Weird Food

David Lebovitz, posted the question: what is the weirdest food you’ve ever eaten? It’s a great read if you are currently dieting and need incentive to just drink a glass of water instead. In case you are a visual person and need photos, click on the links:

Here was my response to the question:

1) Shirako Soup at a Japanese sushi bar – its Cod fish sperm sac. Sushi chef say good for kinky kinky in bed. Did it work? No. All hype. Maybe a little barfy barfy in toilet but thats it. Photo of Cod Fish Sperm Sac (you know you want to click on that link to check it out)

2) I don’t know what the Vietnamese name for it is, but the duck egg with fetal duck still inside of it, totally formed with beak, feet, fur and all. Poached I think. Cut off the top of the egg shell, slurp out the remaining yolk/white and then scoop out the fetal duck and crunch and munch. Did I like it? No. I’d say that really grossed me out. Photo of Fetal Duck Egg Thingy

3) When we were little, Mom used to tell us to eat the Jelly soup. She called it Chinese Jelly. It took me 15 years to finally figure out what the Jelly was…..something about when the frogs spew eggs – the sac that the eggs all stay in is the “jelly.” Why on earth would my mother feed me such stuff? It really does explain my ability to touch my nose with my tongue. Photo of Frog Fallopian Tube Egg Jelly

4) The last time I went back to Hong Kong, my dad served an amazing feast to celebrate. Nothing says “Welcome to Hong Kong!” than a bowl of regurgitated bird saliva. Mmmm mmmm good. Now, I just want to know what my ancestors were snorting when they decided to climb up a dangerous mountainous cliff, scale the cave wall, sneak in and steal a bird’s nest, shimmy on down, run home and pick out the unwanted twigs to be left with the prize…..a glob of bird vomit that holds the nest together. Hmmm…lets make SOUP! Lets charge $1000 a pound for bird spit! Lets tell people its supposed to help your skin complexion! I think I’ll stick with my Oil of Olay. Smells better. Photo My Peeps Enjoying a Bowl of Bird Vomit

I’m curious to know if you can top any of those!?! Leave a comment!

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Comments 39

  1. Courtney

    Hey great blog! My boyfriend is from Hong Kong too. I’m sure he’d love if I tried some of your recipes. Last time I was over his parent’s house for dinner, his mother offered to make me some bird nest soup with the same ‘good for the skin’ claim. Luckily I knew what was really in the soup so I declined.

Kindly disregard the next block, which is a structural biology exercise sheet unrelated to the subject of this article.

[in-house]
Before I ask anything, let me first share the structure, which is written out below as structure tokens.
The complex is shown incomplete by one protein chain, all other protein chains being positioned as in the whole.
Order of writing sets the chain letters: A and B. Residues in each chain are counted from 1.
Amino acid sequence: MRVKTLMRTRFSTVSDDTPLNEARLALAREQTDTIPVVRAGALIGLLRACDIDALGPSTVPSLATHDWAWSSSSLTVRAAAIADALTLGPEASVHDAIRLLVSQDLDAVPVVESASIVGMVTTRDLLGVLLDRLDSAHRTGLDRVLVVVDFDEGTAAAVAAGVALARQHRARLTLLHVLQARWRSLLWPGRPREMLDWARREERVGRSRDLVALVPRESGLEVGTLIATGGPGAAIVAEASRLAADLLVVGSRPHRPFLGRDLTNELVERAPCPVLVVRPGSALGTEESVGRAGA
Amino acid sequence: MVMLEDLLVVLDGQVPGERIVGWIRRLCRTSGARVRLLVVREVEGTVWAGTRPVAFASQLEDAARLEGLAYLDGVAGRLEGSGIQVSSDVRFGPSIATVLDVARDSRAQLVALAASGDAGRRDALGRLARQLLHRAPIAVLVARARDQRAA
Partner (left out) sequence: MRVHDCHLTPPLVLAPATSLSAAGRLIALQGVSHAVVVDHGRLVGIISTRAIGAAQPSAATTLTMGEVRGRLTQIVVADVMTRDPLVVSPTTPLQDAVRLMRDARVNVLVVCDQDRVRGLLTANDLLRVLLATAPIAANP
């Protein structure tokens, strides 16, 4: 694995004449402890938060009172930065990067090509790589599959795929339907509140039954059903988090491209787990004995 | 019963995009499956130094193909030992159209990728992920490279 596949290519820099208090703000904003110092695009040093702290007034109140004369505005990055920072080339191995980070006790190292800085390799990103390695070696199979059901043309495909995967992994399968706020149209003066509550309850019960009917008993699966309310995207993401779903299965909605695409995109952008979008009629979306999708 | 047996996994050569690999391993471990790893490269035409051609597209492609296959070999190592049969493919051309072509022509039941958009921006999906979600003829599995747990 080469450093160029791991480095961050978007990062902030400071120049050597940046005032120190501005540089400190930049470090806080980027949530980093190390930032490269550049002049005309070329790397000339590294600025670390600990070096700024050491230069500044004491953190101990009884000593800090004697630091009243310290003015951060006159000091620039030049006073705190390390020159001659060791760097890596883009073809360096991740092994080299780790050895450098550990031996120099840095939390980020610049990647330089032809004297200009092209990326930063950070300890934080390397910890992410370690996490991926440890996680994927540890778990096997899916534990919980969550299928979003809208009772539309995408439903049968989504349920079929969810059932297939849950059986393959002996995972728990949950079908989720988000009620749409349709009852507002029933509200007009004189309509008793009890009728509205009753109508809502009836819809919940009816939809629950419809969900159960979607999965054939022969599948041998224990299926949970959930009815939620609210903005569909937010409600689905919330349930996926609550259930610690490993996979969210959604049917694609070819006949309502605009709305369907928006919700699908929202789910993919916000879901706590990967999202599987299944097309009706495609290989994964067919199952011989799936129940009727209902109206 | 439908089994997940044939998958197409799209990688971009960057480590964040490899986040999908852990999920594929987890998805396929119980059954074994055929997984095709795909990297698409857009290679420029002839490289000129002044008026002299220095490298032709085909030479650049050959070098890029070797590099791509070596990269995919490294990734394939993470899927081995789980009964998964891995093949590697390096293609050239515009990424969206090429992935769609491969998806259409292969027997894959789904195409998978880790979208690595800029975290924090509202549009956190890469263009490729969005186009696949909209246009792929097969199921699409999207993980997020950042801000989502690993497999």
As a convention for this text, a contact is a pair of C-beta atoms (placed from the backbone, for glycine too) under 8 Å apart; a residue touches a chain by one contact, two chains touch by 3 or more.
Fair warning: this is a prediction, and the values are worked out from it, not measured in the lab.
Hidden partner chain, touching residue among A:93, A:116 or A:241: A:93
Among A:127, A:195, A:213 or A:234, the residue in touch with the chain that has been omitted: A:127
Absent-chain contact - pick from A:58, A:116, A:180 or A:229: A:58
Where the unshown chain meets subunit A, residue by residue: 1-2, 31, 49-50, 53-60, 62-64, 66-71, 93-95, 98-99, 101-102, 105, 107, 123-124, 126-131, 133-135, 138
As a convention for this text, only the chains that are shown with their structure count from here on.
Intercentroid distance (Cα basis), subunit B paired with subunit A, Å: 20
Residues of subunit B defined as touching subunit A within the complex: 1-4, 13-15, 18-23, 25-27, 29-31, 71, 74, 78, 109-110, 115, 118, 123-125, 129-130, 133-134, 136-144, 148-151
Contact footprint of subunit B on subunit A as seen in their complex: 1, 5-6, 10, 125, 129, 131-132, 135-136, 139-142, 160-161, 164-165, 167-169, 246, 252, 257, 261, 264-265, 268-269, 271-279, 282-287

2. Anne

    What is the weirdest food you’ve i’ve ever eaten? Pretty much anything i’ve cooked myself. You’ll just have to trust me here. If i became a cannibal or one of those freaky live monkey brain eaters, the meal would still be a step up from my meatloaf.

    Have a super day!

  3. Jaden

    Courtney – I just don’t know how they got the claim “good for your skin-ah!” ๐Ÿ™‚ Email me if you ever have any questions re:recipes.

    Anne – you just made my morning smile!

  4. Sue Ann

    GROSS!!!!!!!!!!!!!!!!! I don’t EVEN WANT TO KNOW what my mom fed me while in Thailand. I think i’m going to be sick. HEE HEE

  5. lindsay

    Ah, the beauty of growing up in with Cantonese cuisine: that question never throws me, and whoever asks usually ends up with a startled look on their face!

  6. Steve

    Being married to a Filipina and living in the Philippines for four years, I can say without a doubt that I have sampled some of the wierdest food in the world. I love it, but I’m not sure I could even come close to explaining most of them. Blood soup probably tops the list, though. Ugh!
    Your #2 on the list sounds very similar to balut, which is fetal chicken egg (rather than duck) that has been roasted for several hours. Our daughter loves balut, too, and that’s usually the first thing she eats when we visit my wife’s family!

  7. Steve

    You know, I really ought to click on the links before commenting on the posts… D’oh! Balut! MMM!

  8. Steve (different Steve)

    I thought balut was duck egg. There is a great blog all about eating weird foods ( that had a nice graphic post about balut a couple years ago. Here’s a link:

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  14. Lee Ping Chong

    I have eaten frogs, snails, bird’s nest (your number 4), liver, blood, intestine, chicken feet, and cockroach’s soup.

    My husband and I almost ate snake soup but walked away after seeing how the snake was being hammered to death.

  15. Kitt

    How about silkworms? I had them several times in northern China and even cooked them once (cooking tip: the ones that don’t wiggle in the wok should be thrown out).

    They have a crispy skin with innards the consistence of hard scrambled eggs plus a little chewy thing in the middle. You bite the end off, squeeze the innards into your mouth and discard the skin. Tastes a bit like chicken livers.


    (Oh hey, I just discovered you can buy them canned! )

  16. Regina

    HA! You think growing up Chinese is hard with cuisine, try Hungarian! I have eaten tongue (both beef & calves), the wonder that is headcheese (love it), pickled pigs feet and knuckles (have to admit as a kid i just loved these things), tapurkie (which is nothing more than fried and salted chicken skin, very tasty), oh and my personal favorite chicken bones – yuck! my grandmother used to make me eat them, she said the little ones you just pop in your mouth and crunch away, the larger ones you had to bites and suck on… yeah I’m good eating around the bone thank you! And a myriad of other strange European foods that I am probably better off never knowing about, as long as it tastes good ignorance is bliss. ๐Ÿ™‚
    BTW love your blog, recipes and photos are great!

  17. jamie anne

    i’m surprised though, that you jaden of all people wouldn’t eat swallows nest… yet i have to admit, i always thought people wre joking about them being saliva and explaining that they had to be a type of seaweed…